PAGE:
This ridership comparison – like the comparisons made to Japanese high speed rail systems seems a bit on the optimistic side. The northeast corridor, often nicknamed Bosnywash, has more than 52 million residents and sees about (pre-pandemic and almost back to that level now) about 14 million total riders. Using those figures for comparison, the ridership numbers for California should be in the 10 million range, one-third of HSRA’s estimates.
On the bright side – if you a renewable energy fan – the update doubles-down on the plan to power the system entirely with solar panels along the route on Authority-owned land.
States the report:
“The Authority is committed to operating the system on renewable energy – and the land we currently own along the early operating segment is a valuable asset for solar generation to support operations. We have initiated work on the conceptual design and financial modeling of a battery storage and solar generation project. The battery energy storage system, and solar photovoltaics at each of the traction power substations on the Merced to Bakersfield corridor, will be sized to offset the annual load from the operation of the high-speed trains in the corridor.”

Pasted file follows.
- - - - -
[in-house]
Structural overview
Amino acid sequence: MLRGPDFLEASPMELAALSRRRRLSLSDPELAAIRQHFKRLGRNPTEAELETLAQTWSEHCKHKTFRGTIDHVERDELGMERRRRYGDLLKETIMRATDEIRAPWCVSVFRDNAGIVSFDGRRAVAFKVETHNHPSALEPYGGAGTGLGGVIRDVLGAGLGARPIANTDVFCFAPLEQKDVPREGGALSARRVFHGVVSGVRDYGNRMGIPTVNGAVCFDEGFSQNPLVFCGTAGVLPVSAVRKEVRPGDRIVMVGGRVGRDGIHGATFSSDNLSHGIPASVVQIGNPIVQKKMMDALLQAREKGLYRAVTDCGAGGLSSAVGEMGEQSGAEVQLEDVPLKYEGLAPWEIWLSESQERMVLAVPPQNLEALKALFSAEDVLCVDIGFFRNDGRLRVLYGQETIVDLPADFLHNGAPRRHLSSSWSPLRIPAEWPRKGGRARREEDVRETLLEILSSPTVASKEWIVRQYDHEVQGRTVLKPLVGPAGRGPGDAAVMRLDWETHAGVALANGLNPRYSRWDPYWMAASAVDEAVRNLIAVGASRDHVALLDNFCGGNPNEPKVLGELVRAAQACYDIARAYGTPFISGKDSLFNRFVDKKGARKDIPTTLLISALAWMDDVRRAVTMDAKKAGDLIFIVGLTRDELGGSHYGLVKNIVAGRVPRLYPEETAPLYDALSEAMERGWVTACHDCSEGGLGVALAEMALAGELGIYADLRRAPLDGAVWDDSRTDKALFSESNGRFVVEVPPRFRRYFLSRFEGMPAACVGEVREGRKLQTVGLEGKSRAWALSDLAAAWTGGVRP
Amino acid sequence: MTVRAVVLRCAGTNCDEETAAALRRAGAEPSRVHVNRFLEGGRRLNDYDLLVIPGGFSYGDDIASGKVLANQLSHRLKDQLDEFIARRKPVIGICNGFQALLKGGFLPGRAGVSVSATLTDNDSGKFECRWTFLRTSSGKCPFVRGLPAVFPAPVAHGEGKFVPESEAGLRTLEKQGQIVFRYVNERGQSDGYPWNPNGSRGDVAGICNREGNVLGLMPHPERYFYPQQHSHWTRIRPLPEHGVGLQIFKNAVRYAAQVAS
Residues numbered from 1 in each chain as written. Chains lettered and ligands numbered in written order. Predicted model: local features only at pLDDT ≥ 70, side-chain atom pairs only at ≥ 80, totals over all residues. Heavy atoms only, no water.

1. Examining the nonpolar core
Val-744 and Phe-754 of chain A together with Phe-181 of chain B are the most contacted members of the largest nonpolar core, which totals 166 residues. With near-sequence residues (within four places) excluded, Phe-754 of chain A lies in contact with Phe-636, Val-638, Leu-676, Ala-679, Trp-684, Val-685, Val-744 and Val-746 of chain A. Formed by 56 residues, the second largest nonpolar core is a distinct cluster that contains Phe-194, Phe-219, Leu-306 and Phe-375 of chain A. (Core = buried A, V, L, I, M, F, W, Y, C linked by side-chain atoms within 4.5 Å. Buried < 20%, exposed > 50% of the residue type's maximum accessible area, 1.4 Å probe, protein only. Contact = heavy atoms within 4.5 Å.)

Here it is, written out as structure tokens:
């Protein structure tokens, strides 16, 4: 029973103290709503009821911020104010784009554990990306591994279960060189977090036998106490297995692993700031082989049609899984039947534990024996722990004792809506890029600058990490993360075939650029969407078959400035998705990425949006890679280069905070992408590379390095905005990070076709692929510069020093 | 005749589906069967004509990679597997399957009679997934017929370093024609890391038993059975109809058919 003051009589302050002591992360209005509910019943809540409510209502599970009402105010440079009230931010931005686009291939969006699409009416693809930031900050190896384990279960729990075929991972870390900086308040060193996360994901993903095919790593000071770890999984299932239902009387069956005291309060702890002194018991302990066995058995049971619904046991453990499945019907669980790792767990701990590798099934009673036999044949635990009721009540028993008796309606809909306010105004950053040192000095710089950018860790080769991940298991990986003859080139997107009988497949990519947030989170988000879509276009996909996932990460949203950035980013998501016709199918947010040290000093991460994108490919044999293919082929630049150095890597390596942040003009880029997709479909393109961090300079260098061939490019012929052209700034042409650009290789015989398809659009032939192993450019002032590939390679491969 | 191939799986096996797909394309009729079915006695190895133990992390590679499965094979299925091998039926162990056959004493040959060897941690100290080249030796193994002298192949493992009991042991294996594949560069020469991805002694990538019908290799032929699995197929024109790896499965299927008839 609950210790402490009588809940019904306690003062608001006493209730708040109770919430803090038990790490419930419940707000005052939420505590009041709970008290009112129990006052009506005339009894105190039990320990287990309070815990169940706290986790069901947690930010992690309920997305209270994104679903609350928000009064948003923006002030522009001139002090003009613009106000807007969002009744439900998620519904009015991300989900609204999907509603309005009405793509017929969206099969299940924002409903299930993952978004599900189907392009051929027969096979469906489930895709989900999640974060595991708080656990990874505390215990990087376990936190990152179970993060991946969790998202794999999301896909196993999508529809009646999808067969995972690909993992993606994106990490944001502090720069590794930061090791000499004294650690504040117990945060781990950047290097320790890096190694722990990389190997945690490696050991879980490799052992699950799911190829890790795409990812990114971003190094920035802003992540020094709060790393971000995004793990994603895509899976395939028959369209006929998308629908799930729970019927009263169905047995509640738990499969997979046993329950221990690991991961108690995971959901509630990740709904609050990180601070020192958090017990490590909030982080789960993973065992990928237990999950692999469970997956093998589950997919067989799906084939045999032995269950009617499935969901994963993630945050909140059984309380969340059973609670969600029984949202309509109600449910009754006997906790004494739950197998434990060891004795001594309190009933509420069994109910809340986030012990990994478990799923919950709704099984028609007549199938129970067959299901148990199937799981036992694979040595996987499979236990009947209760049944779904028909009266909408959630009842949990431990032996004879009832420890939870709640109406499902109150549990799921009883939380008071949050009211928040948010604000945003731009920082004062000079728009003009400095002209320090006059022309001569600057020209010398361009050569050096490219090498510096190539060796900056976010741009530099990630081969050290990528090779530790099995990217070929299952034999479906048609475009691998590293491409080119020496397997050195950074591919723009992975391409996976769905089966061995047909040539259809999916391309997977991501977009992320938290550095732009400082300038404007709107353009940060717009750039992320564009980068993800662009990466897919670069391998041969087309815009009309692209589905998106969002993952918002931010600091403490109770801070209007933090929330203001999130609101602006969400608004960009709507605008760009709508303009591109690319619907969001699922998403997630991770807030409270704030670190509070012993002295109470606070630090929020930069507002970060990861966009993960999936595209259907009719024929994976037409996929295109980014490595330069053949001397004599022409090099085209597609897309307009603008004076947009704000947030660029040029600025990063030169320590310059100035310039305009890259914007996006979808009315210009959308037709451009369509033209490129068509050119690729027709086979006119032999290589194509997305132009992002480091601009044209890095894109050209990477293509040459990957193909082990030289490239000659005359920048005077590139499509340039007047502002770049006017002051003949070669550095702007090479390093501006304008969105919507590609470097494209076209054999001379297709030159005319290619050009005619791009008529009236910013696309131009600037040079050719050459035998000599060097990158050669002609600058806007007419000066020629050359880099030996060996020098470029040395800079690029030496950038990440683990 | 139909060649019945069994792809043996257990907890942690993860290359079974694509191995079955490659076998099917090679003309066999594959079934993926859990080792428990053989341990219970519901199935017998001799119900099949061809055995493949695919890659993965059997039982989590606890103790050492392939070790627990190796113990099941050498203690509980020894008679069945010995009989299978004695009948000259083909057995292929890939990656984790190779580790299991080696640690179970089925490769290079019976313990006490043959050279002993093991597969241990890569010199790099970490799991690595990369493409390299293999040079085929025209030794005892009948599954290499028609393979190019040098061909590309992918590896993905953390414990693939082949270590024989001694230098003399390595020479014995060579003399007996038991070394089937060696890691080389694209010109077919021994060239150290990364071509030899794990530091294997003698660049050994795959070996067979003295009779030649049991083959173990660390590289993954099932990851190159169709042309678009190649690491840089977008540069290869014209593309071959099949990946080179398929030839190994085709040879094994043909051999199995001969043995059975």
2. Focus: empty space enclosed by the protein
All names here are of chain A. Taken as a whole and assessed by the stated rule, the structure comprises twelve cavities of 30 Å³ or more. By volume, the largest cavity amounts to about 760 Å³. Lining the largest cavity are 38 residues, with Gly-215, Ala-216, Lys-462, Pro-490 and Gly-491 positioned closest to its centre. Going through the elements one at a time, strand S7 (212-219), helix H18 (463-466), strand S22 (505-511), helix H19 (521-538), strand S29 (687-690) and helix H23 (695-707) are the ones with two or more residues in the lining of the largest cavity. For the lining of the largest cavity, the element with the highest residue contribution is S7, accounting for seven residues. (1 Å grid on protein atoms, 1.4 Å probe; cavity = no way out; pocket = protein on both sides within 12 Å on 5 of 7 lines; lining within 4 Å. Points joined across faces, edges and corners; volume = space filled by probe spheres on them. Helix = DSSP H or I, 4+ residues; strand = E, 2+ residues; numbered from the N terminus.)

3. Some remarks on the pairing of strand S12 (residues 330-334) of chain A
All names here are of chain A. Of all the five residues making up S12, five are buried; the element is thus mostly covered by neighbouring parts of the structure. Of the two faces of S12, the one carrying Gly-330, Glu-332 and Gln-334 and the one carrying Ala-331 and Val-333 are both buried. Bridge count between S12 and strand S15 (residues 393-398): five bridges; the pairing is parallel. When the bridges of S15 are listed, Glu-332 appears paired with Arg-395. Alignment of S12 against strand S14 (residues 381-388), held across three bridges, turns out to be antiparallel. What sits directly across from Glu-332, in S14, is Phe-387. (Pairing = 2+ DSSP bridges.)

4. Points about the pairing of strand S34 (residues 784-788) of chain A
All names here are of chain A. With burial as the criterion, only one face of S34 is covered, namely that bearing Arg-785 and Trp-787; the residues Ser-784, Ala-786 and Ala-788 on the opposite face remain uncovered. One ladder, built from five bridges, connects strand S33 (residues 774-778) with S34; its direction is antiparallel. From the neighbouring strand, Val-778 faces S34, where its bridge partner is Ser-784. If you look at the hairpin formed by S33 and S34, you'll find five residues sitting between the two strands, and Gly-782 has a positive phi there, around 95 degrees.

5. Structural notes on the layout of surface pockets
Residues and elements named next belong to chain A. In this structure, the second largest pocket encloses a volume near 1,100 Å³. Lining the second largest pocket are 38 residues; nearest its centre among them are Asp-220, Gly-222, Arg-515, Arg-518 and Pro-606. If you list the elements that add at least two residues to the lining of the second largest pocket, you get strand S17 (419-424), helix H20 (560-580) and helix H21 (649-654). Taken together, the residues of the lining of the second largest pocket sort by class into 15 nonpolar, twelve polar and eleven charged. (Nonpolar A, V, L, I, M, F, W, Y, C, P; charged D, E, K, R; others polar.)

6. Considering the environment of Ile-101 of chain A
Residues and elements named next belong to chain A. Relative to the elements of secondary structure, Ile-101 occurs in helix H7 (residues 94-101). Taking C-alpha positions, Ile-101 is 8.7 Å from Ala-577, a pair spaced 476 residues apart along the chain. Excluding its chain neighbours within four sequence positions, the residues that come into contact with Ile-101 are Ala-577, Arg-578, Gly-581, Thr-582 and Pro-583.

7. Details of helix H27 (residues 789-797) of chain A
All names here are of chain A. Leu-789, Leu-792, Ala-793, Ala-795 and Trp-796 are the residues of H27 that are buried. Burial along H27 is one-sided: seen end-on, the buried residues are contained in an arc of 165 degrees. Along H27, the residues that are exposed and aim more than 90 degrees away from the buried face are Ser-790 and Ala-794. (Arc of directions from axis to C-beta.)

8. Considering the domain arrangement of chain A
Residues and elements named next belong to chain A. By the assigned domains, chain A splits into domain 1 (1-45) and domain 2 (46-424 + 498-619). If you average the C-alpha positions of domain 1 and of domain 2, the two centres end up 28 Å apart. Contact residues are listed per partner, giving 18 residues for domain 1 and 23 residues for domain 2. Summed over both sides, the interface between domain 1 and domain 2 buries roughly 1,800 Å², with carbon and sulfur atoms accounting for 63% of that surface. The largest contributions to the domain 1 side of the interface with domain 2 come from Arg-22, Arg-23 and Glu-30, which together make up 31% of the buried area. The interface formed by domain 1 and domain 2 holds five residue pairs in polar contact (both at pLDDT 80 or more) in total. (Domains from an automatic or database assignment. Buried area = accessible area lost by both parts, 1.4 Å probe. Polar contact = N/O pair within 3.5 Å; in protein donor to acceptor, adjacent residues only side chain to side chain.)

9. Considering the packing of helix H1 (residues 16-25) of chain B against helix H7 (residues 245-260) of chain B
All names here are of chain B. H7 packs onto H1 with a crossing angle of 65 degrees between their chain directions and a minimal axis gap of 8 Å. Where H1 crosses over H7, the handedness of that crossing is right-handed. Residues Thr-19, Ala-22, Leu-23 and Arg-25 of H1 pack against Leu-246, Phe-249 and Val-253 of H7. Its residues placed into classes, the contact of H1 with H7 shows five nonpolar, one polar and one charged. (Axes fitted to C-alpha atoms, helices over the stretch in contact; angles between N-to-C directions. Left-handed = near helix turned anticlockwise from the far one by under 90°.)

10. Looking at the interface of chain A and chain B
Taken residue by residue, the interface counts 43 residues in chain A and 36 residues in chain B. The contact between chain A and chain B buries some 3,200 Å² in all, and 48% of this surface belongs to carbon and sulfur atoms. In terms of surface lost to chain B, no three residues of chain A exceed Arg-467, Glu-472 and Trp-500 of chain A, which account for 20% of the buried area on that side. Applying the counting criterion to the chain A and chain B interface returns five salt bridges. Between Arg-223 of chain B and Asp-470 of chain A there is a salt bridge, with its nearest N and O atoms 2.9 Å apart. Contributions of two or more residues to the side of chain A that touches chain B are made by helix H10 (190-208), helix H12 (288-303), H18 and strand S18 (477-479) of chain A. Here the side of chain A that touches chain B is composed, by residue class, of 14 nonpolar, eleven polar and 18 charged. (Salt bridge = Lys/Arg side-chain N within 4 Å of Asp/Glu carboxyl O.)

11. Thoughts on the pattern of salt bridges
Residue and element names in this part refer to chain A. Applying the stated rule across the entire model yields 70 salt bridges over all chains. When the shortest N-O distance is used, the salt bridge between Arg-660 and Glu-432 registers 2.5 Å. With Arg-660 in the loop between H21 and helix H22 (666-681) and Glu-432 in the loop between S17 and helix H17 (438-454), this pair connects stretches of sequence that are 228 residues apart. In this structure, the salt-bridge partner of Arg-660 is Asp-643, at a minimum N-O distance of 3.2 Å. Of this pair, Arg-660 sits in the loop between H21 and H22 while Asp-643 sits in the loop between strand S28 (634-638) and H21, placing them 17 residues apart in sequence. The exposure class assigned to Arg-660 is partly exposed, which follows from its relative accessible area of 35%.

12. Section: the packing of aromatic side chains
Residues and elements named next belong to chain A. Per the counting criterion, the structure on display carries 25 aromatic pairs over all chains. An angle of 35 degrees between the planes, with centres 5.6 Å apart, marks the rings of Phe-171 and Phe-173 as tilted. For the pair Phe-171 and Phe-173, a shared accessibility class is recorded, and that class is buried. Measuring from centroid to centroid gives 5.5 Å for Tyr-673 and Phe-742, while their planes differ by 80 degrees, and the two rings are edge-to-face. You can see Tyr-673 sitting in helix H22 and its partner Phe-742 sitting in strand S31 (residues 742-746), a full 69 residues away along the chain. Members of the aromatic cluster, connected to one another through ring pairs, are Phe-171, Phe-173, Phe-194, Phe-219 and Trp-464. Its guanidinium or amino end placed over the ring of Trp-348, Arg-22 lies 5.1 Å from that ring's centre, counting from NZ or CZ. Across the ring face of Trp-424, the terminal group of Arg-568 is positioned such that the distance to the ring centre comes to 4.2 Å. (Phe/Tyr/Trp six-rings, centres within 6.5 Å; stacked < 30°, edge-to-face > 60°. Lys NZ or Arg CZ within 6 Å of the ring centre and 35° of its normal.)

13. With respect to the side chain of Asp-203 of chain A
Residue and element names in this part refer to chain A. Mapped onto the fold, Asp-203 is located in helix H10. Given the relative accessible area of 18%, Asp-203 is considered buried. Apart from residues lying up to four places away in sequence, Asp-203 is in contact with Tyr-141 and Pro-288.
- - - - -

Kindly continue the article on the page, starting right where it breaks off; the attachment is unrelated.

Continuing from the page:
The update includes about $200 million to solarize the central valley segment and another $230 million to do the rest (it seems – the report is a bit fuzzy on that.) As noted in the previously linked story, it would take – at least – about $3 billion to build the solar system and said system would have to cover about 16,000 acres.
Unsurprisingly, it is currently unclear if the Authority has that much land in the track side linear strip it currently (mostly) owns and what are the exact challenges involved in building a solar farm that is 500 miles long and 100 feet wide.
Longer and harder indeed.2023-Project-Update-Report-FINAL-022823